Daughter of the Father
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By Deacon Keith Fournier
Like many holy men and women throughout Church history, Blessed John Paul II had a deep devotion to Mary. His Marian prayer of consecration has been taken up by many as their own, Totus Tuus ego sum et omnia mea tua sunt. Accipio Te in mea omnia. (I am all yours -and all I have is yours. I welcome you into all my affairs and concerns.) It is adapted from the Total Consecration to Jesus through Mary of St. Louis de Montfort's Way.
On March 25, 1987, the Feast of the Annunciation, he released an Encyclical Letter for the faithful entitled "Mother of the Redeemer." It was subtitled "On the Blessed Virgin Mary in the Life of the Pilgrim Church".
Here are a few excerpts:
"Blessed be the God and Father of our Lord Jesus Christ, who has blessed us in Christ with every spiritual blessing in the heavenly places" (Eph. 1:3). These words of the Letter to the Ephesians reveal the eternal design of God the Father, his plan of man's salvation in Christ. It is a universal plan, which concerns all men and women created in the image and likeness of God (cf. Gen. 1:26).
Just as all are included in the creative work of God "in the beginning" so all are eternally included in the divine plan of salvation, which is to be completely revealed, in the "fullness of time," with the final coming of Christ. In fact the God who is the "Father of our Lord Jesus Christ"-these are the next words of the same Letter-"chose us in him before the foundation of the world, that we should be holy and blameless before him. He destined us in love to be his sons through Jesus Christ, according to the purpose of his will, to the praise of his glorious grace, which he freely bestowed on us in the Beloved. In him we have redemption through his blood, the forgiveness of our trespasses, according to the riches of his grace" (Eph. 1:4-7).
Madonna del Popolo - Federico Fiori Barocci - 1575-79
The divine plan of salvation-which was fully revealed to us with the coming of Christ-is eternal. And according to the teaching contained in the Letter just quoted and in other Pauline Letters (cf. Col. 1:12- 14; Rom. 3:24; Gal. 3:13; 2 Cor. 5:18-29), it is also eternally linked to Christ. It includes everyone, but it reserves a special place for the "woman" who is the Mother of him to whom the Father has entrusted the work of salvation...
Mary is definitively introduced into the mystery of Christ through this event: the Annunciation by the angel. This takes place at Nazareth, within the concrete circumstances of the history of Israel, the people which first received God's promises. The divine messenger says to the Virgin: "Hail, full of grace, the Lord is with you" (Lk. 1:28). Mary "was greatly troubled at the saying, and considered in her mind what sort of greeting this might be" (Lk. 1:29): what could those extraordinary words mean, and in particular the expression "full of grace"...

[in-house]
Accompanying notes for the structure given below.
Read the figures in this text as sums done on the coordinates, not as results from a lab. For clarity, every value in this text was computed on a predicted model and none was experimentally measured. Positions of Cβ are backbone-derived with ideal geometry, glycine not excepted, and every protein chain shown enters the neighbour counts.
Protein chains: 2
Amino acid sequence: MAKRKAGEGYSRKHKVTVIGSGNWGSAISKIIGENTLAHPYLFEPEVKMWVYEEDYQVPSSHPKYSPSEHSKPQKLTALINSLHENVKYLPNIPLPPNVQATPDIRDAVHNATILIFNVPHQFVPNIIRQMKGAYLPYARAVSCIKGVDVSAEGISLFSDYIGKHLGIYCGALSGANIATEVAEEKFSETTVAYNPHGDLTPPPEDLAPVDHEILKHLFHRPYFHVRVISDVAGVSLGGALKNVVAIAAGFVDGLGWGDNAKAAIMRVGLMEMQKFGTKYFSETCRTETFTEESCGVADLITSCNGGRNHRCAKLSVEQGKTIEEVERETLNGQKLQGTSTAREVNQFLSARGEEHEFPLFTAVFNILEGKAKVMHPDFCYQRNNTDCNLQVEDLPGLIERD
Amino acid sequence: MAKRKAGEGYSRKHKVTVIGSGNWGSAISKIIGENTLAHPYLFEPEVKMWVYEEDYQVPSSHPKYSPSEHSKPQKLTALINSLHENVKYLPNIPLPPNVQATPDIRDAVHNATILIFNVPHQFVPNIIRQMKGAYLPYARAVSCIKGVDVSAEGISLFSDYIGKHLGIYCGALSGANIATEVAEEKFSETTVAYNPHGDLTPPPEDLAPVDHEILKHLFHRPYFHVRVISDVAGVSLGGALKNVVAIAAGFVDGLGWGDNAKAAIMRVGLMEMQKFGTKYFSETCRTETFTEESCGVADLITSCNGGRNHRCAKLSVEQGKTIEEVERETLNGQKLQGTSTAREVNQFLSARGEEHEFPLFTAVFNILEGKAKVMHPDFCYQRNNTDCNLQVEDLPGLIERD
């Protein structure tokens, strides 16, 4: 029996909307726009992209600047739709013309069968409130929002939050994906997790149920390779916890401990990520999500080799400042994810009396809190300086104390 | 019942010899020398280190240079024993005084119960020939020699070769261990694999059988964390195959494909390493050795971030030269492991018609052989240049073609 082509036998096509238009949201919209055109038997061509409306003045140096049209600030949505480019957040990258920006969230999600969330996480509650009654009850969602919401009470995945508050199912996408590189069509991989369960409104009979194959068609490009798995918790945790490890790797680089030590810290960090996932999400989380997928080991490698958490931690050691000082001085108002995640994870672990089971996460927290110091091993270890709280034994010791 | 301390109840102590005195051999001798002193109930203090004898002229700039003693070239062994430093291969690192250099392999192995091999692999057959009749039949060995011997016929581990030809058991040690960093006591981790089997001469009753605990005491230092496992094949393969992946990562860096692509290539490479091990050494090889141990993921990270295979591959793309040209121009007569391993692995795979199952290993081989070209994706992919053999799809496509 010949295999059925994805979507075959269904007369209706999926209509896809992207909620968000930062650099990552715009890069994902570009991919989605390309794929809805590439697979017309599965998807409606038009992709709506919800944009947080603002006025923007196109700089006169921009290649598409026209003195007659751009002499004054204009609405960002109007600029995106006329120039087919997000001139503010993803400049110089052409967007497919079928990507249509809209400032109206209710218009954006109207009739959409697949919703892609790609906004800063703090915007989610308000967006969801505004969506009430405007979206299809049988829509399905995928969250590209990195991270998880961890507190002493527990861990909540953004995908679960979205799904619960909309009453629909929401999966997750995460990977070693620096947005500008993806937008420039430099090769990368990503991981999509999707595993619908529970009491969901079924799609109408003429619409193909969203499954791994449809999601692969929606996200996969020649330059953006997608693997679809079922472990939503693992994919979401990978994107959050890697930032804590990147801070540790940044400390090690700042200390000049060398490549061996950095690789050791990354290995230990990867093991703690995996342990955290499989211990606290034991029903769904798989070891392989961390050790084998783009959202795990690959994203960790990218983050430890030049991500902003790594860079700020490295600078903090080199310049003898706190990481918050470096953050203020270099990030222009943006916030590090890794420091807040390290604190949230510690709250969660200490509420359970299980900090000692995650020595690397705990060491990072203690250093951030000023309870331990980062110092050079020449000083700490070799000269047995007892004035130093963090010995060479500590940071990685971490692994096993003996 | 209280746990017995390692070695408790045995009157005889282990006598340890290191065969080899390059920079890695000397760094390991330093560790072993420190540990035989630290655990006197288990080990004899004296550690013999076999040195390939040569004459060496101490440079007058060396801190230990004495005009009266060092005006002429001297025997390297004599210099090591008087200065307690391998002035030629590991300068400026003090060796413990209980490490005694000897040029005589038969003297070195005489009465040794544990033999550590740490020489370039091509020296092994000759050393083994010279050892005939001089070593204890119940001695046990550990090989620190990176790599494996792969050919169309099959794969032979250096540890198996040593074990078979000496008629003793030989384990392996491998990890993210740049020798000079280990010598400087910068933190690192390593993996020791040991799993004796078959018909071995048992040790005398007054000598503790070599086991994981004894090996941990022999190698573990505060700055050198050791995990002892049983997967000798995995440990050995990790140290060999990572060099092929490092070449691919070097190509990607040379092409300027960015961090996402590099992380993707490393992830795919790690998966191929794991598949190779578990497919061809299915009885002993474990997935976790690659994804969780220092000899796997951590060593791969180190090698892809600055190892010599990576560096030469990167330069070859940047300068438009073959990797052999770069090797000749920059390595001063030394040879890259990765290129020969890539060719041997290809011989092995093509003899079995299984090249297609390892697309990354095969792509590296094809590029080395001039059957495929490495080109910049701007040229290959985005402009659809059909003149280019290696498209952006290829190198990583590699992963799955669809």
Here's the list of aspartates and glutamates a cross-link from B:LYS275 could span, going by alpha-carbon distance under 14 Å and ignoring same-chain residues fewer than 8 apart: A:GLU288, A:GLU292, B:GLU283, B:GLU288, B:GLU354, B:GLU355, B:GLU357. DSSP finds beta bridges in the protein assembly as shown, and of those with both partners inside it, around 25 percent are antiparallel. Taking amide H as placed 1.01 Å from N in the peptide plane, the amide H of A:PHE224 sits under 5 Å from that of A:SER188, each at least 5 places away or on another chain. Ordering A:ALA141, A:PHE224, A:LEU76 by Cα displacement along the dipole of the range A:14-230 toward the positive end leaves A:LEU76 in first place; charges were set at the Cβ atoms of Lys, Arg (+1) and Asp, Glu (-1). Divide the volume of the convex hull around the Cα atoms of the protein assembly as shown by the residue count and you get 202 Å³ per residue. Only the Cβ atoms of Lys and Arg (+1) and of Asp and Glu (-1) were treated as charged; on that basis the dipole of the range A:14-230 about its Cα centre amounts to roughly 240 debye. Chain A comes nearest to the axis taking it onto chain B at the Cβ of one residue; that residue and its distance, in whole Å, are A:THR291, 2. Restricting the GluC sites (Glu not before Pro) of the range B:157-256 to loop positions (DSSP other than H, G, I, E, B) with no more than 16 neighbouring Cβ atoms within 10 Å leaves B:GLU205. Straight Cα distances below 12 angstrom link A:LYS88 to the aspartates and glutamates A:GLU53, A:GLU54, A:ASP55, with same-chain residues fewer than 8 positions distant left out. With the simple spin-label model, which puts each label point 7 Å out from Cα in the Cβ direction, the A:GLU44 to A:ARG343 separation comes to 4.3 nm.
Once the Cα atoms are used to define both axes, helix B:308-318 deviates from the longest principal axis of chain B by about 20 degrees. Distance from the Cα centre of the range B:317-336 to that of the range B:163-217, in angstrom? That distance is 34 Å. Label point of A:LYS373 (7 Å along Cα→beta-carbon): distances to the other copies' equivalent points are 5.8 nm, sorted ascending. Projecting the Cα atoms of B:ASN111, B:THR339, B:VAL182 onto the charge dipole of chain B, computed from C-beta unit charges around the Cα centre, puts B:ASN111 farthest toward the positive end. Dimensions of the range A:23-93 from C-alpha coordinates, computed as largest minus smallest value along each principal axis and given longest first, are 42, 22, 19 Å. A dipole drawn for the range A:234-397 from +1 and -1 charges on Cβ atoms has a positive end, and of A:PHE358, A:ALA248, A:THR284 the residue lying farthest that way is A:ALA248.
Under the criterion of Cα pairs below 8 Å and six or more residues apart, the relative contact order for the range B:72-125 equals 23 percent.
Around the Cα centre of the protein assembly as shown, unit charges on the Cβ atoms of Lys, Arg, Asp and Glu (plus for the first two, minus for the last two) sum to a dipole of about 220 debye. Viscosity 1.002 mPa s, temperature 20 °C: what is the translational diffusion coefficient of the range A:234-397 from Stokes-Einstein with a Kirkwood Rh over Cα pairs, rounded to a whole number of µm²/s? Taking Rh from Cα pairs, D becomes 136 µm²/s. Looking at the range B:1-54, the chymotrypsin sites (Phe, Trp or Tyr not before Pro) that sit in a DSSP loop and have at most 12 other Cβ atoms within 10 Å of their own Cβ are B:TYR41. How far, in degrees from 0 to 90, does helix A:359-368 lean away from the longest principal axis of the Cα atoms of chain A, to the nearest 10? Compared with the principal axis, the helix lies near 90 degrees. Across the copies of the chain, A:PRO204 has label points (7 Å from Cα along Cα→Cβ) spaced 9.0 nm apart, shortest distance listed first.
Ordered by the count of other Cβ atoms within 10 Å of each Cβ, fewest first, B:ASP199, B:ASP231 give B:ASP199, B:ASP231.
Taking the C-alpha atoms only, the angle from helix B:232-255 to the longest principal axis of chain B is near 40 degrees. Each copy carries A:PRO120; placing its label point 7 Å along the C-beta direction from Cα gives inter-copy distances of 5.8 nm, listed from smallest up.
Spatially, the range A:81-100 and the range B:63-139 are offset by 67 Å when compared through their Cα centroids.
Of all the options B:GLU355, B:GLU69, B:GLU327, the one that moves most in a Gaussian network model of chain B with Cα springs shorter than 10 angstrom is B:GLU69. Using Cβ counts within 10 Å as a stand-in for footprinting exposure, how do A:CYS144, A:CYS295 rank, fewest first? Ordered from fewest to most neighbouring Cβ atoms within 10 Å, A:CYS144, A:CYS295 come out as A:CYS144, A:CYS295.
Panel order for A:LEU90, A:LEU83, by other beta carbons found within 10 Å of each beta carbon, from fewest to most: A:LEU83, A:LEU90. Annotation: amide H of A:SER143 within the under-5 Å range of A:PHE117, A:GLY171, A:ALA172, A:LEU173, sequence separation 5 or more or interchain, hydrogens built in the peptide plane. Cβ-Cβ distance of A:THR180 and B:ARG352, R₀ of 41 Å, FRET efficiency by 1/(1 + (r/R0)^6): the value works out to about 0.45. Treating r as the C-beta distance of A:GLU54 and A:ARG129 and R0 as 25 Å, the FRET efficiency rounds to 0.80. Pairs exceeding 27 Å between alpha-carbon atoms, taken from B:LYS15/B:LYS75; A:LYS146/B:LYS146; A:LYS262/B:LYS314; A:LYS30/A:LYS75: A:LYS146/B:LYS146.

When we read that the messenger addresses Mary as "full of grace," the Gospel context, which mingles revelations and ancient promises, enables us to understand that among all the "spiritual blessings in Christ" this is a special "blessing." In the mystery of Christ she is present even "before the creation of the world," as the one whom the Father "has chosen" as Mother of his Son in the Incarnation.
The divine messenger says to her: "Do not be afraid, Mary, for you have found favor with God. And behold, you will conceive in your womb and bear a son, and you shall call his name Jesus. He will be great, and will be called the Son of the Most High" (Lk. 1:30-32).
CIMA da Conegliano - 1511-13
And when the Virgin, disturbed by that extraordinary greeting, asks: "How shall this be, since I have no husband?" she receives from the angel the confirmation and explanation of the preceding words. Gabriel says to her: "The Holy Spirit will come upon you, and the power of the Most High will overshadow you; therefore the child to be born will be called holy, the Son of God" (Lk. 1:35).
The Annunciation, therefore, is the revelation of the mystery of the Incarnation at the very beginning of its fulfillment on earth. God's salvific giving of himself and his life, in some way to all creation but directly to man, reaches one of its high points in the mystery of the Incarnation.
This is indeed a high point among all the gifts of grace conferred in the history of man and of the universe: Mary is "full of grace," because it is precisely in her that the Incarnation of the Word, the hypostatic union of the Son of God with human nature, is accomplished and fulfilled. As the (Second Vatican) Council says, Mary is "the Mother of the Son of God. As a result she is also the favorite daughter of the Father and the temple of the Holy Spirit. Because of this gift of sublime grace, she far surpasses all other creatures, both in heaven and on earth."
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